Different pesticides and fungicides have different safety gear requirements. While I would wear just a dust mask or even a bandanna around my face when spraying something like Neem, if I am spraying lime sulfur, spinosad, or Serenade, I am going to wear at least an N-95 or equivalent. I know those are hard to come by but you would be fine wearing one of the cloth masks that are being made at home. When it comes to masks, something is better than nothing. More harsh sprays like Captan or other chemicals may require a P-100 or better mask.

No matter what you are spraying, make sure to wear something over your eyes. It just takes a little wind to send that fine mist into your eyes. Some of the organic sprays can really hurt. Lime sulfur is fantastic against fungus but you definitely don’t want that in your eyes. If you do get any sprays in your eyes, make sure to stop and go rinse your eyes for a few minutes. We keep one of those eye wash cups and a bottle of saline around for fast removal.

Carefully consider what you are trying to grow. Opt for things that are known to work well in your area.

While it can be fun to try to get challenging things to grow, make sure that you are not doing too much of that. One reason people sometimes have to use more sprays and get less yield regardless is that they are trying to grow things that are challenging at best in their climatic zone. I know all about this via my experience growing grapes. It has been incredibly challenging to grow a lot of varieties that are supposed to do ok here. Those that are in the wine industry in North Carolina that are growing the classic varieties of wine grapes that are familiar to you by name face incredible challenges. They have to spray a lot of chemicals very often to keep pests at bay and fungus from their fruit.

As a home gardener or homesteader trying to grow food for your family, it is critical that you devote your space to crops that are both high yielding and known to grow well in your area. Search online for your county extension service website or look online for local gardening info. There are also many Facebook groups and garden clubs that you can reach out to.

Check your USDA Zone for some basic guidance but be aware of micro climates.

A lot of people have seen the colorful maps produced by the USDA showing what zone you are in based on average low and high temperatures. While these are great general guidelines, you may find that your area performs half a climate zone differently than your neighbors just down the road. This is really common in the mountains of North Carolina where I live.

If you look closer at a USDA map, you will notice that zones are often broken up into A or B. So you might be in Zone 6 overall but technically you are in Zone 6B. The direction your land faces is also a factor. So if your average temps barely put you in Zone 7 perhaps you should stick to crops that thrive best in Zone 6 or consider what you need to do to protect crops in the event of colder than average temperatures. One method of course is just to plant some things a little later than they usually are planted so that you are past the danger of frost.

Be careful about mixing some pesticides and herbicides or not allowing certain amounts of time between spraying one or the other.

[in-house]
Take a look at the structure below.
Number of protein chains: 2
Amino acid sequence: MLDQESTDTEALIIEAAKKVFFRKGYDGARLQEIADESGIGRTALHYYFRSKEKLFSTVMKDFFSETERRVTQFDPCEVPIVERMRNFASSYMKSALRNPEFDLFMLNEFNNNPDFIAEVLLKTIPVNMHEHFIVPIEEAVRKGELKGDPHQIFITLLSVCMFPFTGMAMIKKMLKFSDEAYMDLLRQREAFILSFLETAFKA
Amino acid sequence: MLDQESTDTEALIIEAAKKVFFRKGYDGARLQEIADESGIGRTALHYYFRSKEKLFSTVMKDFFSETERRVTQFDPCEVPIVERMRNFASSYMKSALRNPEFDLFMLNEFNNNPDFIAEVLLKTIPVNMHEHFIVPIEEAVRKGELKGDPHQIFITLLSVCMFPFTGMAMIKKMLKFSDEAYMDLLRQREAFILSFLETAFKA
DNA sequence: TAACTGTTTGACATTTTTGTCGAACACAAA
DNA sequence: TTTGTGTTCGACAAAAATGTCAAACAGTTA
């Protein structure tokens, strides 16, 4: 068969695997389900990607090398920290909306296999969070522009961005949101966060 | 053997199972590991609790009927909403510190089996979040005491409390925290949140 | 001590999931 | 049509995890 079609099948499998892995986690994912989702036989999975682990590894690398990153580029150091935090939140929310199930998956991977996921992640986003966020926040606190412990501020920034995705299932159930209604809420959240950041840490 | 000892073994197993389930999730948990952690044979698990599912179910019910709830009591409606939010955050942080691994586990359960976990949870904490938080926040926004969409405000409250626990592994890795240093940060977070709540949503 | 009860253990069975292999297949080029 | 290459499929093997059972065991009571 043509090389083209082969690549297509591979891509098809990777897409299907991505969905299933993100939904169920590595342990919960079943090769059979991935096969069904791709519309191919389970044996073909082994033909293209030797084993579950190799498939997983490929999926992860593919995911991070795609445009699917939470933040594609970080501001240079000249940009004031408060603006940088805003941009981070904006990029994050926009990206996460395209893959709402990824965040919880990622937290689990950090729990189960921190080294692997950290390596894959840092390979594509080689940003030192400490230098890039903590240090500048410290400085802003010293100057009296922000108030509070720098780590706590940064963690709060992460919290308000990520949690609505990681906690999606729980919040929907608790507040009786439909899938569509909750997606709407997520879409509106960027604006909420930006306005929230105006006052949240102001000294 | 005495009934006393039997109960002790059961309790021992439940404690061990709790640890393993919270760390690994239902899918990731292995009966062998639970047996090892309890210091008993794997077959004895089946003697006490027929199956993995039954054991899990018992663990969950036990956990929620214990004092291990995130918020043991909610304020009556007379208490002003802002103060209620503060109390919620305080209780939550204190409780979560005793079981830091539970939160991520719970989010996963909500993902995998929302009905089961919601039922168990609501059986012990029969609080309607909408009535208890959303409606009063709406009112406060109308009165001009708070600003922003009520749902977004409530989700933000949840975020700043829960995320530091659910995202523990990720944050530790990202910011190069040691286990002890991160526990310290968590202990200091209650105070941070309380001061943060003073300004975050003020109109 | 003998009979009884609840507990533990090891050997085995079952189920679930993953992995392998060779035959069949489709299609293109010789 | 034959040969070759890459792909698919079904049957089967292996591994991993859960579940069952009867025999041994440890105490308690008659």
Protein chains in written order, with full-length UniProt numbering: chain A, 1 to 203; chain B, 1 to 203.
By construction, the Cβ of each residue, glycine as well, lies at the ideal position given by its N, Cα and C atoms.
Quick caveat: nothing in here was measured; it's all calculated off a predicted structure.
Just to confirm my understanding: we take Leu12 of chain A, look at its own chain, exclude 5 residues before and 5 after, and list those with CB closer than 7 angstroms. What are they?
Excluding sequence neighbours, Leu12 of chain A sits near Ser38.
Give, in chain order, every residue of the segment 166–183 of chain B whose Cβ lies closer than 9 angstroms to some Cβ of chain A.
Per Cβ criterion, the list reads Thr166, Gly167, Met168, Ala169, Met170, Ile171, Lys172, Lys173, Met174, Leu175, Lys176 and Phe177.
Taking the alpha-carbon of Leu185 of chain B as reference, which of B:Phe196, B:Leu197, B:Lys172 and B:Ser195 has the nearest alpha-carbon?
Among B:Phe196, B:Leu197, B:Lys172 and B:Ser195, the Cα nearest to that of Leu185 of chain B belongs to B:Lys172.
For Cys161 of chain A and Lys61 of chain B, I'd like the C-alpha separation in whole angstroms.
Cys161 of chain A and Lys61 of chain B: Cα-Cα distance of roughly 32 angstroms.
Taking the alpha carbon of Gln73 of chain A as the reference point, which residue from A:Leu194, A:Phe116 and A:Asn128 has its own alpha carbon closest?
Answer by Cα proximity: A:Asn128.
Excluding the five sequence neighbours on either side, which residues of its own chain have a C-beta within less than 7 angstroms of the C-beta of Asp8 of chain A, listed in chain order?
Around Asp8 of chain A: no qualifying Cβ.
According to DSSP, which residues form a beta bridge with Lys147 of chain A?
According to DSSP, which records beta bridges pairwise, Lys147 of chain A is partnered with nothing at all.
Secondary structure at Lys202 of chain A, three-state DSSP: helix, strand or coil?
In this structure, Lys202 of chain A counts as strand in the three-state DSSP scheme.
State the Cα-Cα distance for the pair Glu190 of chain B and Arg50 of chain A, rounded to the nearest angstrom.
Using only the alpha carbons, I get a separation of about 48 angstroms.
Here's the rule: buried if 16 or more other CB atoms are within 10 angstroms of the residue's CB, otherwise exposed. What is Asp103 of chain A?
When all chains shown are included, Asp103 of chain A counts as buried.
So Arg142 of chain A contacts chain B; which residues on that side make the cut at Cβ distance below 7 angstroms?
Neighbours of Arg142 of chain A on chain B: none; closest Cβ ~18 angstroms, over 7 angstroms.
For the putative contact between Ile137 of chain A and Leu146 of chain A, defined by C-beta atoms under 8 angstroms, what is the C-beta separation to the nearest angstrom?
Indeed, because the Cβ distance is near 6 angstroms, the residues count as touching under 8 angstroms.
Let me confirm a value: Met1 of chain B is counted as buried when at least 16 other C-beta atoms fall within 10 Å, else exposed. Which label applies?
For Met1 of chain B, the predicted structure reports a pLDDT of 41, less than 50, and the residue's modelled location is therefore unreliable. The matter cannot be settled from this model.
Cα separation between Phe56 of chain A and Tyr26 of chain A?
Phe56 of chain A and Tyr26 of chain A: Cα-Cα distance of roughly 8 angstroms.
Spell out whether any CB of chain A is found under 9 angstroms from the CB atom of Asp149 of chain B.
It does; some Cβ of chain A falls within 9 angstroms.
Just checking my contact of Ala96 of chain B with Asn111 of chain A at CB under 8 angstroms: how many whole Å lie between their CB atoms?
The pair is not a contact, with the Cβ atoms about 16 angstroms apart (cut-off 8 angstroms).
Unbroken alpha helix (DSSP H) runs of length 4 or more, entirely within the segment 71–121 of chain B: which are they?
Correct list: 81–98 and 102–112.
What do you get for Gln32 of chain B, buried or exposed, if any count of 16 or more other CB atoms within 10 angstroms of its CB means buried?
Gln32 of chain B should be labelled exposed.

Some sprays interact with each other. Always read the instructions on bottles for warnings about what sprays you shouldn’t mix or if you should wait a given amount of time before using another spray. Not heeding these warnings can lead to the death of your plants in some cases or at least severe burning and lesions.

Do you have any tips for controlling insects and fungi in the garden? What methods do you find are most effective?

Aff | Emergency Blanket

[DEAL] Emergency Survival Blanket

Pocket-size survival blanket could save a life - throw in your bag or car.

Get Cheap Security
Aff | Tactical Flashlight
[DEAL] Ultrabright Tactical Flashlight Get This Deal

2 Responses to “Organic and Non-Organic Pesticides and Fungicides For Home Gardens”

  1. One organic method you didn’t suggest is to invite all bugs into your garden, pollinators and predators above the ground, and decomposers in the soil. I know it’s hard, but just stop killing them! 99% of bugs are either beneficial or neutral in the garden. It’s only 1% that are destructive, and those are very destructive. So invite the insect army into your garden and let them do them wage war on the bad bugs. Also plant lots of flowering plants in among your edible plants. Cover crops like buckwheat and agricultural mustard are amazing! Beneficial insects, including tons of predator insects, flock to them! For the last decade I’ve planted buckwheat with my squash, cucumbers, and melons. The pollinators increase pollination and fruit set, but the predators eat the squash bugs. I also plant it with my brassicas–broccoli, cabbage, kale etc, and never have any problem with cabbage worms or aphids. Also knowing when some insects show up will help with planting dates. In our community, brassica aphids and cabbage moths always show up the first 2 weeks in July, so I make sure my brassicas are early maturing so that they are coming out of the garden about the same time problem insects arrive. Keeping a very clean garden also reduces areas for insects to breed and winter over. I never thought this method would be successful but tried it anyway and was amazed. Haven’t used any pesticide for over 10 years and have better harvest yields than when I used chemical pesticides. Don’t know how well it would work where you live, but really works in the arid areas of the western US.

  2. I have used milky spores, but none of the others in the 50 year of orgainc gardening. I did not know how bad Fungicides were for the mycelium until a few months ago. Now that I have the wine cap mushroom fever, I will never use fungicides, not a big deal, because I never used them before. The wine cap or King shooms are great composter, no more truning soil just add hardwood chips & wheat straw as a mulch, they will do the rest. Dr. David Johnson PHD compost system: , is great too.

Leave a Reply